The NGC Universal ID is a four digit alphanumeric that groups coins based on a unique combination of date, mintmark, denomination and striking process (MS, PF, or SP). These IDs are a simple organization of all coins prior to variety attribution and grading.
Even though in 1878 our nation's mints were busy producing their premier Morgan silver dollars, they managed to make time and facilities available to increase gold coin outputs. The Philadelphia Mint increased its half eagle output from 1,152 pieces in 1877 to more than 131,000 pieces in 1878, while that same mint augmented eagle emissions from 817 pieces in 1877 to nearly 74,000 pieces the following year. San Francisco boosted its eagle production from 17,000 coins in 1877 to more than 26,000 examples in 1878. The challenged Carson City Mint, however, saw its mingy 1877 eagle production of 3,332 coins plummet even further in 1878, to 3,244 coins.
The Carson City Mint opened over considerable objection and opposition in Washington and elsewhere in 1870, theoretically with a mission to coin the local gold and silver mined from the Comstock Lode, mitigating the necessity for precious metal shipments to San Francisco for coinage. In practice, however, the transportation and assay costs were favorable for San Francisco compared to Carson City. Bullion deposits at Carson City dropped, not only for that reason, but also because less and less gold was pulled from the earth nearby via the Comstock Lode. While 1873 saw record-high gold deposits exceeding 5 million dollars, by 1878 those gold deposits had decreased to $737,720 (Goe, The Mint on Carson Street).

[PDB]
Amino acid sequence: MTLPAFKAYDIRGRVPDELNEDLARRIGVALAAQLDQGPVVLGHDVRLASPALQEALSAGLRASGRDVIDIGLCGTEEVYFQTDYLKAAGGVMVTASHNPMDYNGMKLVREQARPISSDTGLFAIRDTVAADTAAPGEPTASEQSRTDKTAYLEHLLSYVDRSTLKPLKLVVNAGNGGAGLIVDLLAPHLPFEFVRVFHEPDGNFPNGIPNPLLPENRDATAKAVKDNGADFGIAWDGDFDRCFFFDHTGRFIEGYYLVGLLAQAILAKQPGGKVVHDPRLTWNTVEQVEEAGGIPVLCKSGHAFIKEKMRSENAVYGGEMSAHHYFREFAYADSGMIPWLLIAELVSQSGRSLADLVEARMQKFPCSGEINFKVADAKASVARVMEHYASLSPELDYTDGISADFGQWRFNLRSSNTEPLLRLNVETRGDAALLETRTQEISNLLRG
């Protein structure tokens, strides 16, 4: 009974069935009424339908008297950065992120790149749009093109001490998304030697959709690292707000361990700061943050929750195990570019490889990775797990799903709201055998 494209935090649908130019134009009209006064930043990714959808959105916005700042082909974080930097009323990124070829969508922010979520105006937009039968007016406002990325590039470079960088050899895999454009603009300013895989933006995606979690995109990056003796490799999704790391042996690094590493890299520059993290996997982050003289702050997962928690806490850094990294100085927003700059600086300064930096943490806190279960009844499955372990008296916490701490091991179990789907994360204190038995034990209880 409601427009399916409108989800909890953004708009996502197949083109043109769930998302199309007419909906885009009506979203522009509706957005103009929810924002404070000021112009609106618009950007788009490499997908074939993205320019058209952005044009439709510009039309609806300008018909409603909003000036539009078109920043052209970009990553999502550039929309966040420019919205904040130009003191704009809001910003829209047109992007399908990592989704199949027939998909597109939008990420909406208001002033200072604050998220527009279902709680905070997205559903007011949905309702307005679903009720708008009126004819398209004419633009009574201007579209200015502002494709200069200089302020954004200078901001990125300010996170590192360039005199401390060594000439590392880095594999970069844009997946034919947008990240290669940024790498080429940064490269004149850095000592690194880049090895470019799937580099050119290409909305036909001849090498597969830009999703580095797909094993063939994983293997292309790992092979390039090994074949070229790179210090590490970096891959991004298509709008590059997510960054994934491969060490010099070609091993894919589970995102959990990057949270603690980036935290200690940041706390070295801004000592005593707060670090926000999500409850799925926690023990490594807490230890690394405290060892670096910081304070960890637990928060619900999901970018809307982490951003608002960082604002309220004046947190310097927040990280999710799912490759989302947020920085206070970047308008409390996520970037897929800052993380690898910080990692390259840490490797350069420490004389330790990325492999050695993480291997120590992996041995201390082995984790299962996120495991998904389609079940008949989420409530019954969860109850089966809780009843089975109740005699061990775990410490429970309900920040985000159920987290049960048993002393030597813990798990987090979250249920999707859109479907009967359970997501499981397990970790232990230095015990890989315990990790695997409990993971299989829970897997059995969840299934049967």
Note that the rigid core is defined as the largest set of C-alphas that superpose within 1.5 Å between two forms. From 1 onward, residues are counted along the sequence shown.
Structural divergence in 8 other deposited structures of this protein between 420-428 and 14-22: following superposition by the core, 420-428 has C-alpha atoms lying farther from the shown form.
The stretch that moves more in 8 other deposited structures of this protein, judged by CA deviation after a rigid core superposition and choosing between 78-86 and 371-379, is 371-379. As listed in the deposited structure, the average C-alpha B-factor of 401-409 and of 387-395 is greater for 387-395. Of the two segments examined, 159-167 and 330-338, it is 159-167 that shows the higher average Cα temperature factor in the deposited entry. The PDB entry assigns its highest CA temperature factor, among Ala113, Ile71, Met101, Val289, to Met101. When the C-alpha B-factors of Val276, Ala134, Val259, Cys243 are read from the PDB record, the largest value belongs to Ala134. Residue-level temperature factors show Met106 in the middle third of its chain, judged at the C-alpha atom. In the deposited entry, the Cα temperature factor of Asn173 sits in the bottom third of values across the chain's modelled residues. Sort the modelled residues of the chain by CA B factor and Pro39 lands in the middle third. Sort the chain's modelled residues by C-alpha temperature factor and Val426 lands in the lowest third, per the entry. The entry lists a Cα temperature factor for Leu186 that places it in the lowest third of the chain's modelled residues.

Goe (2003) estimates the overall survival rate at 2%-2.5% in all grades combined.
Description and Analysis courtesy of Heritage Auctions and may not be republished without written permission.
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